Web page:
Thursday, January 26, 2012

Baking: Whole Wheat Birdseed Bread!

One of my resolutions for the new year was to not buy loaves of packaged bread for the house. Atkins? you ask. No, I simply want a little more control over what is in my bread, to limit packaging some and I like the challenge. 

One great book I have been using is Artisan Bread in Five Minutes a Day by Jeff Hertzberg and Zoe Francois. Their method of bread baking is to mix up a batch of dough that hangs out in your fridge and is ready when you are. You do have to allow time for the bread to rise; once when the dough is initially mixed up and once before baking. The "hands on" time is quite limited. I have been using their recipes to make loaves of delicious bread, sticky buns, pizza, calzones and more. They're really wonderful! The instructions make even the beginner baker feel confident. You can do it; give it a try!


I LOVE their whole wheat bread recipe! I have found too many whole wheat bread recipes that taste like a brick...not great for converting folks to the high-fiber virtues of whole grains! This one is hearty but still soft. The original recipe is great as is, it is also delicious with added nuts and seeds; I've added pecans, flax, almonds, sesame seeds, poppy seeds and sunflower seeds....hence birdseed bread!


100% whole wheat sandwich bread 
(that doesn't taste like a brick)

Makes 3 1.5lb loaves (my bread pans must be big because it makes two for me)

1 1/2 cups lukewarm milk
1 1/2 cups lukewarm water
1 1/2 tablespoons yeast (two packets)
4 teaspoons salt
1/2 cup honey
5 tablespoons vegetable oil (neutral flavor)
6 2/3 cups whole wheat flour

1. Mixing and storing the dough. Mix the yeast, salt, honey, and oil with the milk and water in a  5-quart bowl, or a lidded (not airtight) food container.
2. Mix in the remaining dry ingredients without kneading, using a spoon, a 14-cup capacity food processor (with a dough attachment), or a heavy-duty stand mixer (with a dough hook).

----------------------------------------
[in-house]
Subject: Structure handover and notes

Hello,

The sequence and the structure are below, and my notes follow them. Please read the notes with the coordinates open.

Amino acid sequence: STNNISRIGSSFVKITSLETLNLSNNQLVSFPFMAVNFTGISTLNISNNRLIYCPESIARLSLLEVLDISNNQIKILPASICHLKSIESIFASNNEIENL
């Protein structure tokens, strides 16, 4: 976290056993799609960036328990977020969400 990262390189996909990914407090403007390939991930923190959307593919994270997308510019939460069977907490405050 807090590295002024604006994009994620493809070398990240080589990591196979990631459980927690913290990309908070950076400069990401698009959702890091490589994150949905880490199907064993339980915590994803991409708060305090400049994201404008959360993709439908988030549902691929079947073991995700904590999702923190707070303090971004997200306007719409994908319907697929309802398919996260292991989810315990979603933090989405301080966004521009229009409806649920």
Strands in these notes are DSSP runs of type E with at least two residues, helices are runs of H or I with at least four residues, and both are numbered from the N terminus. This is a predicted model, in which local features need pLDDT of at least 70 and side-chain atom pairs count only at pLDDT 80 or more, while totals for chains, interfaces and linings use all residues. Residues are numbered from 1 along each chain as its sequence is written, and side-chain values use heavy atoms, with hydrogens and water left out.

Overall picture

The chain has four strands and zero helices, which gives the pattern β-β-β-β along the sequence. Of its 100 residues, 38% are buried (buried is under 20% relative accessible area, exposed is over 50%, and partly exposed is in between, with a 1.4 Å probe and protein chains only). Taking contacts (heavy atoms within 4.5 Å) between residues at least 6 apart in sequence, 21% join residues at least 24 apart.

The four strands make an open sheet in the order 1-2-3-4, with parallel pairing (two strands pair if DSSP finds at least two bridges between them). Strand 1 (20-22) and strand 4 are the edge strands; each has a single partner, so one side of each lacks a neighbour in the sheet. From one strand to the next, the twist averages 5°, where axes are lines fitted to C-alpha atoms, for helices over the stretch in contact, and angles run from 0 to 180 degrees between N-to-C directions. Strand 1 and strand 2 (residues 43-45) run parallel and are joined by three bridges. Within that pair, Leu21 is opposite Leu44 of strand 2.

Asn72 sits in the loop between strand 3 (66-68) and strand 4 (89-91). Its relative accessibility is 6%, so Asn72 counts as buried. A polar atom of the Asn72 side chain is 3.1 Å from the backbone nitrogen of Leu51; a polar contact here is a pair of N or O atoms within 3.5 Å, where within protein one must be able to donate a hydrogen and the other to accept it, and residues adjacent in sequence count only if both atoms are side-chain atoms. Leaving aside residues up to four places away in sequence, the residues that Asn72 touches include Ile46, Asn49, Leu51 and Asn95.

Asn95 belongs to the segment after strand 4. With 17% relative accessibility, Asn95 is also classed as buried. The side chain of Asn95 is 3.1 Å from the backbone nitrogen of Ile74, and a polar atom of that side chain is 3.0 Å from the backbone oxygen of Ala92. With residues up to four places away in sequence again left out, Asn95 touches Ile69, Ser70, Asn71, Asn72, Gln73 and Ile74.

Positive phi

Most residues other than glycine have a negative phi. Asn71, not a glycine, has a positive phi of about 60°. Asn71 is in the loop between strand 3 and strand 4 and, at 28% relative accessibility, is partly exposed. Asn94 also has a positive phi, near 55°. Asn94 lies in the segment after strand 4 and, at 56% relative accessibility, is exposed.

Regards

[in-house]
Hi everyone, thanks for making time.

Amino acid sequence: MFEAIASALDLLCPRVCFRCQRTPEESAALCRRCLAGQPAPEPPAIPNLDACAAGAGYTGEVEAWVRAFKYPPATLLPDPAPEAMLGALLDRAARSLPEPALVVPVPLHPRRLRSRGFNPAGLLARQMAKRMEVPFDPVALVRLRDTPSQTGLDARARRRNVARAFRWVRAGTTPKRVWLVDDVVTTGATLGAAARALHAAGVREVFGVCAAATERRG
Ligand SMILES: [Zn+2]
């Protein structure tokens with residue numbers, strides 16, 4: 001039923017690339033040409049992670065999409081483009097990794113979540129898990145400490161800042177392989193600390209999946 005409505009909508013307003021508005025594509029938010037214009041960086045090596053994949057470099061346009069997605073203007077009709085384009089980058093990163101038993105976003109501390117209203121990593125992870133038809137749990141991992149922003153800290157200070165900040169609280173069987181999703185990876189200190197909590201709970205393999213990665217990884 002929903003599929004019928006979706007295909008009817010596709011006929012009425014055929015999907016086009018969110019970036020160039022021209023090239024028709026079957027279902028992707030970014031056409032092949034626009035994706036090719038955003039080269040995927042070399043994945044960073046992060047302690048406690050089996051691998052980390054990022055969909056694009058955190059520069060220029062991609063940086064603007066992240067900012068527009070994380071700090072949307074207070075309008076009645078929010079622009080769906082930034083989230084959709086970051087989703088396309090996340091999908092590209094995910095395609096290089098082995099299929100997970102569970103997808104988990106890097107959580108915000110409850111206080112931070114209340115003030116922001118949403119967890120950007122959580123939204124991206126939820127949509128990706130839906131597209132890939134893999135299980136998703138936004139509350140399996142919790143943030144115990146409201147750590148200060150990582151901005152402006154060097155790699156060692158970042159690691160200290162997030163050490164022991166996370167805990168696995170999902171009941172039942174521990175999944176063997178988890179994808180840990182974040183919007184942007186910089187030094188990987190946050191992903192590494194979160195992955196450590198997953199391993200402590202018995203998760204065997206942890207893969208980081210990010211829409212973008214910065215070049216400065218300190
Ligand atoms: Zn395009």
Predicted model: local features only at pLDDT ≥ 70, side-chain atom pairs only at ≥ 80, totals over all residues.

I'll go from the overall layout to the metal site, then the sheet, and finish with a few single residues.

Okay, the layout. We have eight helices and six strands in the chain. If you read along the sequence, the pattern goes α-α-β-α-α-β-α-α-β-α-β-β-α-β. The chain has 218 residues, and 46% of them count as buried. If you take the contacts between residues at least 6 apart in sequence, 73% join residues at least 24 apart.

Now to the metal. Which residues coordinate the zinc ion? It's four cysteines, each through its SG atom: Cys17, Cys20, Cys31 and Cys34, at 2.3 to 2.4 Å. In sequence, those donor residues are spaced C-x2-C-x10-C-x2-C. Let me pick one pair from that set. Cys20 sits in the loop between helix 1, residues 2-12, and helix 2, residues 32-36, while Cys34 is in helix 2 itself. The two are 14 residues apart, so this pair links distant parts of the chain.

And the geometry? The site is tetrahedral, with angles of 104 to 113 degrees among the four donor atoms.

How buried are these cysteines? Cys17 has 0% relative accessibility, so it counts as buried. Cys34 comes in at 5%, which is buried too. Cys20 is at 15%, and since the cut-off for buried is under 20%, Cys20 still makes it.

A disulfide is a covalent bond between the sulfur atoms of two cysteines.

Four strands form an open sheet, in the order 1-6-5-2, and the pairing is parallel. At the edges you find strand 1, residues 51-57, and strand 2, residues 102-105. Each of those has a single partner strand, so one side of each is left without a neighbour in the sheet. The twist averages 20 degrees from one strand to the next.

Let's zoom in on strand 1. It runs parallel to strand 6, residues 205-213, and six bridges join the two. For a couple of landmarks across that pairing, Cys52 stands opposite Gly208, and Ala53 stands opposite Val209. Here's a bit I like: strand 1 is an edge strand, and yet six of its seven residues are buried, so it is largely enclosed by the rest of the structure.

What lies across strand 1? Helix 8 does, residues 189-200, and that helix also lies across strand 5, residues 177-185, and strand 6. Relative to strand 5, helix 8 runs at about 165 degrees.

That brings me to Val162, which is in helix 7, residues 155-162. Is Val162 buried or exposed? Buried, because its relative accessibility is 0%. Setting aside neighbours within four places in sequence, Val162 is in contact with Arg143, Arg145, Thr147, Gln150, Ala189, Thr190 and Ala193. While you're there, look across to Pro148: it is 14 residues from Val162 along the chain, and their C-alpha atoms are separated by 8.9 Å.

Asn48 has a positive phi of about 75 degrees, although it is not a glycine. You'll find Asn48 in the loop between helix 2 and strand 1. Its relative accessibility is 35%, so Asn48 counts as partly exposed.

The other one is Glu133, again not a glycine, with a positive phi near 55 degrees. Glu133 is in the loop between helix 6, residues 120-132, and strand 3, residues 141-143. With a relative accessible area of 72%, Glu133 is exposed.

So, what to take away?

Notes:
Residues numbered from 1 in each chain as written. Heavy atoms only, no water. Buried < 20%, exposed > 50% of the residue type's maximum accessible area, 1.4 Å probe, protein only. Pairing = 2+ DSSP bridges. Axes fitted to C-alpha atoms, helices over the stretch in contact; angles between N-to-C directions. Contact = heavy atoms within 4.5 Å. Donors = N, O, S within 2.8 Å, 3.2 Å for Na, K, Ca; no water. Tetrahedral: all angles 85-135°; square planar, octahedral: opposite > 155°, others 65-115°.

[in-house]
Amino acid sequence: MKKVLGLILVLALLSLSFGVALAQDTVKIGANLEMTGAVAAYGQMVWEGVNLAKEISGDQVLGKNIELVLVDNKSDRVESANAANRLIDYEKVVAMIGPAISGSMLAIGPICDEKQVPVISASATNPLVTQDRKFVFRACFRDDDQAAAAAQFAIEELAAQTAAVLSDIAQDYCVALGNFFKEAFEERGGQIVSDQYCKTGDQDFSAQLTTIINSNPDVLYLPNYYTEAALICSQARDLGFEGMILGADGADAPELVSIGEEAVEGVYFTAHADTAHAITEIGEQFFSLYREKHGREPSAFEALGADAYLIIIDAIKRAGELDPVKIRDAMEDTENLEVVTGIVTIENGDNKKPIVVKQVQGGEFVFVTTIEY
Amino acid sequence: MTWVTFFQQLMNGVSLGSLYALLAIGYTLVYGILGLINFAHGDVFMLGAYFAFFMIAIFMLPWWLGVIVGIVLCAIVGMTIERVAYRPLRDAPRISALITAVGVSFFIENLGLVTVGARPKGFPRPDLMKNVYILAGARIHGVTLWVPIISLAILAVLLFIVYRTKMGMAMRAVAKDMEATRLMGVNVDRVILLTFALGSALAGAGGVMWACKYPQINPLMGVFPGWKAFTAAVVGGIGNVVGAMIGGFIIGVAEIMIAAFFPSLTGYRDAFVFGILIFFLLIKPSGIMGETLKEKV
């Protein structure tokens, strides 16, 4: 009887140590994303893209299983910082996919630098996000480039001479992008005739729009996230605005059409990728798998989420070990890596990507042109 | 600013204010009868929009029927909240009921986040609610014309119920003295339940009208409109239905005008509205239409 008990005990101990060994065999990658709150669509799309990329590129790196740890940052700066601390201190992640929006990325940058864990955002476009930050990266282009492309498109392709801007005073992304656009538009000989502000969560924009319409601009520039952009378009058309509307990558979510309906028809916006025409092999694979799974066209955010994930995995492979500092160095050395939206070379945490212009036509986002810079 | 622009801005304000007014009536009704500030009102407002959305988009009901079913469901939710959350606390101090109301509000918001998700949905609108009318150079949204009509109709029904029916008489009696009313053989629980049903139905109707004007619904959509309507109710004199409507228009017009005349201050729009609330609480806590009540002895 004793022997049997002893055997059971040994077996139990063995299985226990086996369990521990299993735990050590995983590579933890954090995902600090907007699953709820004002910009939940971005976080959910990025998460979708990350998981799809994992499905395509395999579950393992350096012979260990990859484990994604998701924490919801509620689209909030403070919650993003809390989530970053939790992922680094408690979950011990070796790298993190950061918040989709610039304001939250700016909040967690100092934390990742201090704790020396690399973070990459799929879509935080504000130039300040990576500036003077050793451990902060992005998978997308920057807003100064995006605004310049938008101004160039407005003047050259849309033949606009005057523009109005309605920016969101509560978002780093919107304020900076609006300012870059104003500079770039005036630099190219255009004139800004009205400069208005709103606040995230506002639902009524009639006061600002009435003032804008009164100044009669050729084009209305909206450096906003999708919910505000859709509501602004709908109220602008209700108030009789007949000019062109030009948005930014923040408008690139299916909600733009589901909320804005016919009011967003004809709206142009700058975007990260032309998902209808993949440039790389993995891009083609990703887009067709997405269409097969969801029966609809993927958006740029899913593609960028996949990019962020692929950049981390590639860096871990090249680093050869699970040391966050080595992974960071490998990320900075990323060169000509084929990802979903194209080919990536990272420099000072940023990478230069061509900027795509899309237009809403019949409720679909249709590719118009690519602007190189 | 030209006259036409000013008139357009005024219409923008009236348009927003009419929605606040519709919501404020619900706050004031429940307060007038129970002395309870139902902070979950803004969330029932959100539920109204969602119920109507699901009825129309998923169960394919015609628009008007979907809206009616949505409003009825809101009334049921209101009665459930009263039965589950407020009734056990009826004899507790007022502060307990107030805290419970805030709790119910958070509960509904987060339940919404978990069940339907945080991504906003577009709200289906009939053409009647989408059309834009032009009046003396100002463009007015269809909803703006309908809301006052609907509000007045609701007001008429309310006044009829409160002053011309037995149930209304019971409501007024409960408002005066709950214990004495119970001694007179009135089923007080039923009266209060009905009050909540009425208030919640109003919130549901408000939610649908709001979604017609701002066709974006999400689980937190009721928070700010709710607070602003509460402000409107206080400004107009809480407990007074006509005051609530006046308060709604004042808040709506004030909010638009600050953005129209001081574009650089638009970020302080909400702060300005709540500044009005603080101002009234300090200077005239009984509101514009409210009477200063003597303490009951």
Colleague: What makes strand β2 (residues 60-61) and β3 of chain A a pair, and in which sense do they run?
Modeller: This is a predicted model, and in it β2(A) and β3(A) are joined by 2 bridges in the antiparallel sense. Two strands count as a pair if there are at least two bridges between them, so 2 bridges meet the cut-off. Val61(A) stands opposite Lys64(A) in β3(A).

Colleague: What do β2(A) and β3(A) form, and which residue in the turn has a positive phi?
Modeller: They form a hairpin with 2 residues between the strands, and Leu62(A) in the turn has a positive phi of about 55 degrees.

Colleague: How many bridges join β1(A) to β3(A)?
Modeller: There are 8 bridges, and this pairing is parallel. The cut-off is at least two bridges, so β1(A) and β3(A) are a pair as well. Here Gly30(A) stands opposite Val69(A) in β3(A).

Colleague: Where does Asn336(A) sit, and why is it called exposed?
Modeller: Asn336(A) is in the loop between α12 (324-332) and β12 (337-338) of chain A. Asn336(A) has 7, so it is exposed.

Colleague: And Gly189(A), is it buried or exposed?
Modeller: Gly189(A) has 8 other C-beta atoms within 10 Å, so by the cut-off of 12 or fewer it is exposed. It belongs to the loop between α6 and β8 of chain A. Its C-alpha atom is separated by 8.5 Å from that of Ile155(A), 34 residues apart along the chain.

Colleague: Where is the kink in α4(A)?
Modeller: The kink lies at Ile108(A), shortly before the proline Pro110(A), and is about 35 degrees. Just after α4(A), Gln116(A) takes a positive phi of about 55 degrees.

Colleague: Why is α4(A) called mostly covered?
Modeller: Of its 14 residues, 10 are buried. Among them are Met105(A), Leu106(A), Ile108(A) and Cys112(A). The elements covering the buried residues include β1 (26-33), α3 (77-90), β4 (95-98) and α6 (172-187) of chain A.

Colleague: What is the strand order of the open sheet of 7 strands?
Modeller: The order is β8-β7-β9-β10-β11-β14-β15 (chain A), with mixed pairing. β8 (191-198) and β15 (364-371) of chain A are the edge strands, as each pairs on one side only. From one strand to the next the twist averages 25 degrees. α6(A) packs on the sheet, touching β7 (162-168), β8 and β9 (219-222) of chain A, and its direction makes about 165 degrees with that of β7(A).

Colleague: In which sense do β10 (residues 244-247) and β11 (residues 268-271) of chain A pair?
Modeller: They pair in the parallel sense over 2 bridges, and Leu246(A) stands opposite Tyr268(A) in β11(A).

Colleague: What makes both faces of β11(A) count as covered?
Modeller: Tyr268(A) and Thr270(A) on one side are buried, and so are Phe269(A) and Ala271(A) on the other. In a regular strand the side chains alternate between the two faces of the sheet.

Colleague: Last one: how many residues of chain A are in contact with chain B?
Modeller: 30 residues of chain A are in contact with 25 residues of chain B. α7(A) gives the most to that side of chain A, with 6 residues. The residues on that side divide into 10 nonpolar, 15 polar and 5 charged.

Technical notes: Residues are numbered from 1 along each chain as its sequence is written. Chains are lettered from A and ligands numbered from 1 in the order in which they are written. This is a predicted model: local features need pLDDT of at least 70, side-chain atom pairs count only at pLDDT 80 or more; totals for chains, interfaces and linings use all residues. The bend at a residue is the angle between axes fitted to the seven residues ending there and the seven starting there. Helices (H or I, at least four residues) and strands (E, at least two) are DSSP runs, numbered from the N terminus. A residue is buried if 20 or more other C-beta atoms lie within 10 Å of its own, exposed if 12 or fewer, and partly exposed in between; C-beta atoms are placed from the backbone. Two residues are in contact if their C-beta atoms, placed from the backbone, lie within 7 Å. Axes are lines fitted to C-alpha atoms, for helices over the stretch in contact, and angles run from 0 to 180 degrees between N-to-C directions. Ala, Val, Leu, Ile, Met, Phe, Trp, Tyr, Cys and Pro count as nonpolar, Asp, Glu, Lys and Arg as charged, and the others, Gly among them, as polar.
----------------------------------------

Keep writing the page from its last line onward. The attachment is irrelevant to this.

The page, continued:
3. Cover (not airtight), and allow to rest at room temperature until dough rises and collapses (or flattens on top); approximately 2 to 3 hours.
4. The dough can be used immediately after the initial rise, though it is easier to handle when cold. Refrigerate in a lidded (not airtight) container and use over the next 5 days.

***

5. On baking day. Lightly grease a 9 x 4 x 3-inch non-stick loaf pan. Using wet hands, scoop out a 1 1/2 pound (cantaloupe-size) handful of dough. This dough is pretty sticky and often it's easiest to handle it with wet hands. Keeping your hands wet, quickly shape it into a ball by stretching the surface of the dough around to the bottom on all four sides, rotating the ball a quarter-turn as you go.
6. Drop the loaf into the prepared pan. You want to fill the pan slightly more than half-full.
7. Allow the dough to rest for 1 hour and 40 minutes. Flour the top of the loaf and slash, using the tip of a serrated knife.

Rising...hanging out with my super cool Kitchen Aid mixer :)


8. Twenty minutes before baking time, preheat the oven to 350 degrees F, with an empty broiler tray on another shelf that won't interfere with the rising bread. If you're not using a stone, the preheat can be as short as 5 minutes.
9. Place the loaf on a rack near the center of the oven. Pour one cup of hot tap water into the broiler tray and quickly close the oven door. Bake for 50 to 60 minutes, or until deeply browned and firm.
10. Allow to cool completely before slicing in order to cut reasonable sandwich slices.

All done and ready to be sampled! Yummy!

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